Yahoo's 2Q Earnings Expected to Be Good–But Are Big Investors Getting Restless?
Suddenly–although not entirely unexpectedly–the major investors of Yahoo are getting restless.
If you talked to many of them in recent weeks, there has developed a confusion over the stock sitting stagnant in the mid-teens for far too long now, a vague disgruntlement that CEO Carol Bartz has not provided enough of a vision and innovation in her 18 months in charge to turn around the iconic but long-struggling Internet giant, a nagging worry about the continuing exodus of top execs and, perhaps most of all, vexation that Yahoo (YHOO) is just too big not to be, well, bigger than it is.
“It just feels like there is nothing going on to get any momentum going,” said one major shareholder, whose sentiment is more common than not among longtime stock owners of Yahoo. “And it is not clear if there is anything on the horizon to get it going.”
Many point to the value of Yahoo’s Asian holdings, especially its stake in China’s Alibaba Group, as its most promising set of assets, valuing them much more than management’s recent attempts to focus on its media properties while shedding search technology costs under its ongoing partnership with Microsoft (MSFT).
“A Yahoo shareholder has to have the patience of Job,” said another major stock owner, noting shares of the Silicon Valley company are down more than 10 percent compared to a year ago, in contrast to an 8.3 percent rise at Google (GOOG) and a 3.9 percent increase at Microsoft.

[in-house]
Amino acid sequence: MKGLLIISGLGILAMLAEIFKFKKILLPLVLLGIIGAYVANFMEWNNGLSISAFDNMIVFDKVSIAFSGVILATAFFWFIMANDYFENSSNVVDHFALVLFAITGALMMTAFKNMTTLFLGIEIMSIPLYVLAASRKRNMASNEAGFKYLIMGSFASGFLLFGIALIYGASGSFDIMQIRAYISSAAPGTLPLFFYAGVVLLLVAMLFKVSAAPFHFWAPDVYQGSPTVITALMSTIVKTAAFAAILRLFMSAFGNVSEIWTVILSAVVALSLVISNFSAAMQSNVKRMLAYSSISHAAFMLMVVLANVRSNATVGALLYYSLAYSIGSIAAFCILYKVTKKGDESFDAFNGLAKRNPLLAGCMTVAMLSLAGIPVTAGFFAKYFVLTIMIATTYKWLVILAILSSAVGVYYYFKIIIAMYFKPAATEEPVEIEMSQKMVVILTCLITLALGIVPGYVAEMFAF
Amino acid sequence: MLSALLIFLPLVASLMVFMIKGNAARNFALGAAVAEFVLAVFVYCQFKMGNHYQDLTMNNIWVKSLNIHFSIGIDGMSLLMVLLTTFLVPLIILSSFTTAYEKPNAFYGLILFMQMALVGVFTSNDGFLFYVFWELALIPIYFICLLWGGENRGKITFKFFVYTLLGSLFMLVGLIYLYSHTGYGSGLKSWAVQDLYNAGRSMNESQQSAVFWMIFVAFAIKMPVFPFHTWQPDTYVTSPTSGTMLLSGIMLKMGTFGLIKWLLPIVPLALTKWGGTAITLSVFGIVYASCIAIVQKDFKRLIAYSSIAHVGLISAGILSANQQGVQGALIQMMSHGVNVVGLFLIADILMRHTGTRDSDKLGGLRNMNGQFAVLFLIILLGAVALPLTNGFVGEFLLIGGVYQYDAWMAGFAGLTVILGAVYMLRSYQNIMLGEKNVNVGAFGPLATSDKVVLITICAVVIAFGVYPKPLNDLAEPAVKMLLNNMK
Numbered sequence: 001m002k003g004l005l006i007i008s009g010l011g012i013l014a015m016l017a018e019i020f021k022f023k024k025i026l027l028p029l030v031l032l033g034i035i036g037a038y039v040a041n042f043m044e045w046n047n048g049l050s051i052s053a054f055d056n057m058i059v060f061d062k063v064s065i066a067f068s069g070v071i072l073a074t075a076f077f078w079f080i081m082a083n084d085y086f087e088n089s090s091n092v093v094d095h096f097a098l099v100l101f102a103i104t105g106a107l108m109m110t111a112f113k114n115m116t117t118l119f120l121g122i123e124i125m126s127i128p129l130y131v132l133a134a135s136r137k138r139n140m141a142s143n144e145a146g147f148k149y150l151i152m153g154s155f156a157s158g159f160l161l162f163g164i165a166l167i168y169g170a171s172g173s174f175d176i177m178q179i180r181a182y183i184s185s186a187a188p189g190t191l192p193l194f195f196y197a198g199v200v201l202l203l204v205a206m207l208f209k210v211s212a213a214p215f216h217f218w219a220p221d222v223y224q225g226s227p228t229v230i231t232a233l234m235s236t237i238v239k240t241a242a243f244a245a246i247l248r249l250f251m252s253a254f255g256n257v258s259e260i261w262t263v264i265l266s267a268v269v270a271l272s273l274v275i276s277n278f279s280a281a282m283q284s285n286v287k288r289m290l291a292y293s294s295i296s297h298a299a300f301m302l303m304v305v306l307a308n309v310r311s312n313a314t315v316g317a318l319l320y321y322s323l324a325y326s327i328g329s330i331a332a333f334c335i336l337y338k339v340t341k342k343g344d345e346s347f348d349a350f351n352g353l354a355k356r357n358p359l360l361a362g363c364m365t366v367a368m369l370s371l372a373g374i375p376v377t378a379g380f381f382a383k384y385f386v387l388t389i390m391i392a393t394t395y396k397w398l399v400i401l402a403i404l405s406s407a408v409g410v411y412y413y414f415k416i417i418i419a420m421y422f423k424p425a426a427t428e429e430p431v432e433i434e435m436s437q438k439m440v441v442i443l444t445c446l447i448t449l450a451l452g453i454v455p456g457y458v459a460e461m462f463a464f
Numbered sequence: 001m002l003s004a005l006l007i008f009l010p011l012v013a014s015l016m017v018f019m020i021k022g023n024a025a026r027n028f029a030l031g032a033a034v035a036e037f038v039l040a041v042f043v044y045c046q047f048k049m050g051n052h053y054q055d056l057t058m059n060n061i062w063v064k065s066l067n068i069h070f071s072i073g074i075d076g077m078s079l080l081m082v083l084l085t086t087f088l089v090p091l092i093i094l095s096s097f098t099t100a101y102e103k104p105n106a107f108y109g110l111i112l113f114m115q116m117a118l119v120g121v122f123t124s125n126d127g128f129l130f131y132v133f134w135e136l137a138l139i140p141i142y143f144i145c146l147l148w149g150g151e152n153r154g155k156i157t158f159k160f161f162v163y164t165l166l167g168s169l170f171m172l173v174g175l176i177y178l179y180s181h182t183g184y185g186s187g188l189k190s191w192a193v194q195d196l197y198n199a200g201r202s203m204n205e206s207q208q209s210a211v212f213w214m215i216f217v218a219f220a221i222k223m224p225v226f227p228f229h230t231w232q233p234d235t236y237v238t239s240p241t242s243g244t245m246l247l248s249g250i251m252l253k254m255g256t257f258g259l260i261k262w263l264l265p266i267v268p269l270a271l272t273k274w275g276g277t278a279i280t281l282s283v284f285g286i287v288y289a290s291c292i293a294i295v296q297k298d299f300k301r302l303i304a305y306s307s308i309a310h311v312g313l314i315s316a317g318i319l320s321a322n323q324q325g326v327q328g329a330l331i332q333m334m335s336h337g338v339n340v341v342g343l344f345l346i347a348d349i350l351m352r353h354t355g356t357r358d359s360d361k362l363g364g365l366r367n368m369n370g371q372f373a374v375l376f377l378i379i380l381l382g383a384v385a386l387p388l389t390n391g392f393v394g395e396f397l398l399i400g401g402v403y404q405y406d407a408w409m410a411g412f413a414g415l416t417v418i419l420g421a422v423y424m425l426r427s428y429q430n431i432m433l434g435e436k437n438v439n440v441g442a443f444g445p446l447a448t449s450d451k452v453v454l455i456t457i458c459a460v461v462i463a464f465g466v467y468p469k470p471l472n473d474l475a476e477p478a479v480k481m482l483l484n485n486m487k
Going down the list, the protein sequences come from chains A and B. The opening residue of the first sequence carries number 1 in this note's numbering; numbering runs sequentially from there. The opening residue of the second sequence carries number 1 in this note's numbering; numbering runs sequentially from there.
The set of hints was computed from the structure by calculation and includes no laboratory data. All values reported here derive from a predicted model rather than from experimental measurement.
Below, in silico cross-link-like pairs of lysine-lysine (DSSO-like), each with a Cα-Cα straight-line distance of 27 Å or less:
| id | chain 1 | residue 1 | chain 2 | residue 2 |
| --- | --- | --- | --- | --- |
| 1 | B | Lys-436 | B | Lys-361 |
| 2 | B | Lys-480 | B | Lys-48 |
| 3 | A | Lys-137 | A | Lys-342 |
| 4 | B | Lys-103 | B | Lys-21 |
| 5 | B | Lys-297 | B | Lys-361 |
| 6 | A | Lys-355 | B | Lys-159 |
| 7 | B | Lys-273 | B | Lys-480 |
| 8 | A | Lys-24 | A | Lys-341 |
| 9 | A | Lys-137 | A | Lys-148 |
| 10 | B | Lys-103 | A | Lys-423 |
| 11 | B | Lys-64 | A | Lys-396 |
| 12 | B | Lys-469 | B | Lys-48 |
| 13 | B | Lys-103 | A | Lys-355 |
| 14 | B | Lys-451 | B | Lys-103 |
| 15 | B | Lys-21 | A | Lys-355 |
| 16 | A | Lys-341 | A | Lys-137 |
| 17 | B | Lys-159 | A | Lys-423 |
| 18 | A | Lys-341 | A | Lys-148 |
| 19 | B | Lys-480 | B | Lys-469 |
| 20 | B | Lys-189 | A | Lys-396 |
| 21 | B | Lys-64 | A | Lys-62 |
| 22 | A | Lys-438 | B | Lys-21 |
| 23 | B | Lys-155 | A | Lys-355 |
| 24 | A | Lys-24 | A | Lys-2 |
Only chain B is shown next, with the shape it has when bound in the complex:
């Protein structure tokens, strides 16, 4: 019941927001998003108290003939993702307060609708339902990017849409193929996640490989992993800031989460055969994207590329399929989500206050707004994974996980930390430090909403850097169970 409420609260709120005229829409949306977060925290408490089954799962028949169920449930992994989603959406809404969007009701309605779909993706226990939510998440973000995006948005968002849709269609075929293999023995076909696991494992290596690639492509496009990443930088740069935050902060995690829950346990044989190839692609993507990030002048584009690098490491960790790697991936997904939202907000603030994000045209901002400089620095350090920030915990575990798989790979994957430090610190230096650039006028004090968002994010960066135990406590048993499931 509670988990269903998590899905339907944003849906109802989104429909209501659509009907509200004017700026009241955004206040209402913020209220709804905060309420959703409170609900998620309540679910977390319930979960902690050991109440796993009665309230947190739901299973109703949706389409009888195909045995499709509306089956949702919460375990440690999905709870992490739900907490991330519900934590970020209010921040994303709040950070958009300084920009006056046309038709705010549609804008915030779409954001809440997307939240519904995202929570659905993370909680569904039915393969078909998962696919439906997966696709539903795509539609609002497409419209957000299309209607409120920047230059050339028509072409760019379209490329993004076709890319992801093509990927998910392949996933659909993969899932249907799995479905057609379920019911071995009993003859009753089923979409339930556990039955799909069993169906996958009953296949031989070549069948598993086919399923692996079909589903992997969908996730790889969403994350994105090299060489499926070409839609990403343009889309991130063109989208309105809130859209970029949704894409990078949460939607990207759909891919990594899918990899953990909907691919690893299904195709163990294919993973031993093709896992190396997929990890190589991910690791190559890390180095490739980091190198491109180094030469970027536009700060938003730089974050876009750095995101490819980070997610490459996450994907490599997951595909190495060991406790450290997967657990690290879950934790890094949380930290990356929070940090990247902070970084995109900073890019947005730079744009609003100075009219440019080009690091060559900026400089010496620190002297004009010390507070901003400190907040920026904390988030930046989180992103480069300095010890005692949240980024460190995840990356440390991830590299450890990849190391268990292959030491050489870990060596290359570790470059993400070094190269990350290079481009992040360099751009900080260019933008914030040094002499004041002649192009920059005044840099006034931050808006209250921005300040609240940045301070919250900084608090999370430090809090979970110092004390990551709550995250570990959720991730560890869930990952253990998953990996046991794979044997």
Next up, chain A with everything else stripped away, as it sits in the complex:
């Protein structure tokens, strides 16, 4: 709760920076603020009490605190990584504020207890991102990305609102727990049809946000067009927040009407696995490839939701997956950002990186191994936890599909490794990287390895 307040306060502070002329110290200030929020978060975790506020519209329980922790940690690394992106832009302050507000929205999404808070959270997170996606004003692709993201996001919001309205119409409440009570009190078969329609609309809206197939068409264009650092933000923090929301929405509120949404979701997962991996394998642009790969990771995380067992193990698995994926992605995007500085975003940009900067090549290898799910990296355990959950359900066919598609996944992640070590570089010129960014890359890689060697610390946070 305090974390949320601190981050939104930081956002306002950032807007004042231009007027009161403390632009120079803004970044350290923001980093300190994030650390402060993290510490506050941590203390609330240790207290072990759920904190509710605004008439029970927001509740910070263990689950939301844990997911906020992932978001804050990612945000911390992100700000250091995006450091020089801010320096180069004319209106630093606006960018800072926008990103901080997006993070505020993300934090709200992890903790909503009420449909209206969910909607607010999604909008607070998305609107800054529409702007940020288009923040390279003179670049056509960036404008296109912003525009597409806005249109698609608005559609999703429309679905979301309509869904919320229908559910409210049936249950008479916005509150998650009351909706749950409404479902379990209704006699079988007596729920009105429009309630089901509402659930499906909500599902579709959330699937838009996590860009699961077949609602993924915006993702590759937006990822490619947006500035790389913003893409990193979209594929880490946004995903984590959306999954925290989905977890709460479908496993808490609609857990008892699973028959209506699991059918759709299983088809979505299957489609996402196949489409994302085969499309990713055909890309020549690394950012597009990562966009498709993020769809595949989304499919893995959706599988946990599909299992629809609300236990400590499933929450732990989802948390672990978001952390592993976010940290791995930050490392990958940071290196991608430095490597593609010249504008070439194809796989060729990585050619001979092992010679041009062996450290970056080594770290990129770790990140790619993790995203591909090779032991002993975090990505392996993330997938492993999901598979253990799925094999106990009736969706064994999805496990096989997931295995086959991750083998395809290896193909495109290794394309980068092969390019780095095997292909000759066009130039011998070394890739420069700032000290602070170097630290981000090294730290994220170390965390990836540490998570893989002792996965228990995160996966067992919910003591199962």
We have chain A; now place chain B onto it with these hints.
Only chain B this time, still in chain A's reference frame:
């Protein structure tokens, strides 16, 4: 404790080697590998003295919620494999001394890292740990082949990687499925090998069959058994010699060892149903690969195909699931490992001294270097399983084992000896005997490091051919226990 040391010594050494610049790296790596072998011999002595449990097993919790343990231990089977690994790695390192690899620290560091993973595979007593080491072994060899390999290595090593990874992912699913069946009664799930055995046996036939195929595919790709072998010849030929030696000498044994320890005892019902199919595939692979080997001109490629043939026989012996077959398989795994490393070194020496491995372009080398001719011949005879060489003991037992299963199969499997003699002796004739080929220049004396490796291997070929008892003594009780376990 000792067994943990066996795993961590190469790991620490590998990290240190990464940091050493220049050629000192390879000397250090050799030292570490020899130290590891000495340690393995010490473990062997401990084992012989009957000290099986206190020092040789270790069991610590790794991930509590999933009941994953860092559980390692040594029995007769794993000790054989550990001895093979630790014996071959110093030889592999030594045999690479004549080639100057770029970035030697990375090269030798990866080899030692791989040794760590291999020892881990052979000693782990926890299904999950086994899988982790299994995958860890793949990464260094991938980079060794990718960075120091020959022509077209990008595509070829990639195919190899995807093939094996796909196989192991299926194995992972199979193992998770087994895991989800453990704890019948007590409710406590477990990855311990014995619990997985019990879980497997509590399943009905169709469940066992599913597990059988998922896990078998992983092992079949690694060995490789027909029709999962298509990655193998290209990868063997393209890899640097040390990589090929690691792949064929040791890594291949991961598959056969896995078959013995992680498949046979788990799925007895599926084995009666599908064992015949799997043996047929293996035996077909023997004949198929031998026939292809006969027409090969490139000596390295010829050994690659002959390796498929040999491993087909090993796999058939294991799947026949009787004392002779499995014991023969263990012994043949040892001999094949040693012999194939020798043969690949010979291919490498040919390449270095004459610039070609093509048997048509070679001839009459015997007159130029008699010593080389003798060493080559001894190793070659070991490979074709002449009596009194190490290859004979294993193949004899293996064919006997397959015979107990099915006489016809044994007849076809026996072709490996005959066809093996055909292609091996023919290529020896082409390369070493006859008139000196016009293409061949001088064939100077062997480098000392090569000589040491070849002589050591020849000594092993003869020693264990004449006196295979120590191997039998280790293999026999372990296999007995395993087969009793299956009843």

To be fair, for the year to date, all Yahoo shares have declined less than those of either of those two digital giants.
And analysts are expecting some sunshine from today’s second-quarter earnings results, which will be reported after the markets close.
The company is expected to report a strong gain in profits, even with revenues rising only slightly.
The consensus: Yahoo will earn 14 cents a share for the three months ended in June, on $1.16 billion in revenue. That compares to 10 cents on $1.14 billion in the same period a year ago.
Several analysts are raising their ratings on Yahoo, noting that Bartz’s efforts to cut costs and improve margins have not been fully appreciated by investors.
Reaction to Yahoo’s results will be interesting. Google’s earnings report earlier this week disappointed Wall Street, since its profit was less than expected, although U.S. revenue growth was promising.
“In particular, we believe that the robust and accelerating Google U.S. revenue results, based on both Search and Display growth, provide a broad positive market read-thru for Yahoo!,” wrote Citigroup analyst Mark Mahaney in his “cheat sheet” note ahead of earnings.
Mahaney reiterated his $22-a-share price target, pointing to display advertising recovery, margin expansion, search share stabilization, Yahoo’s recent stock buyback authorization and the eventual value of the Asian assets.
Yahoo shares closed yesterday at $15.10.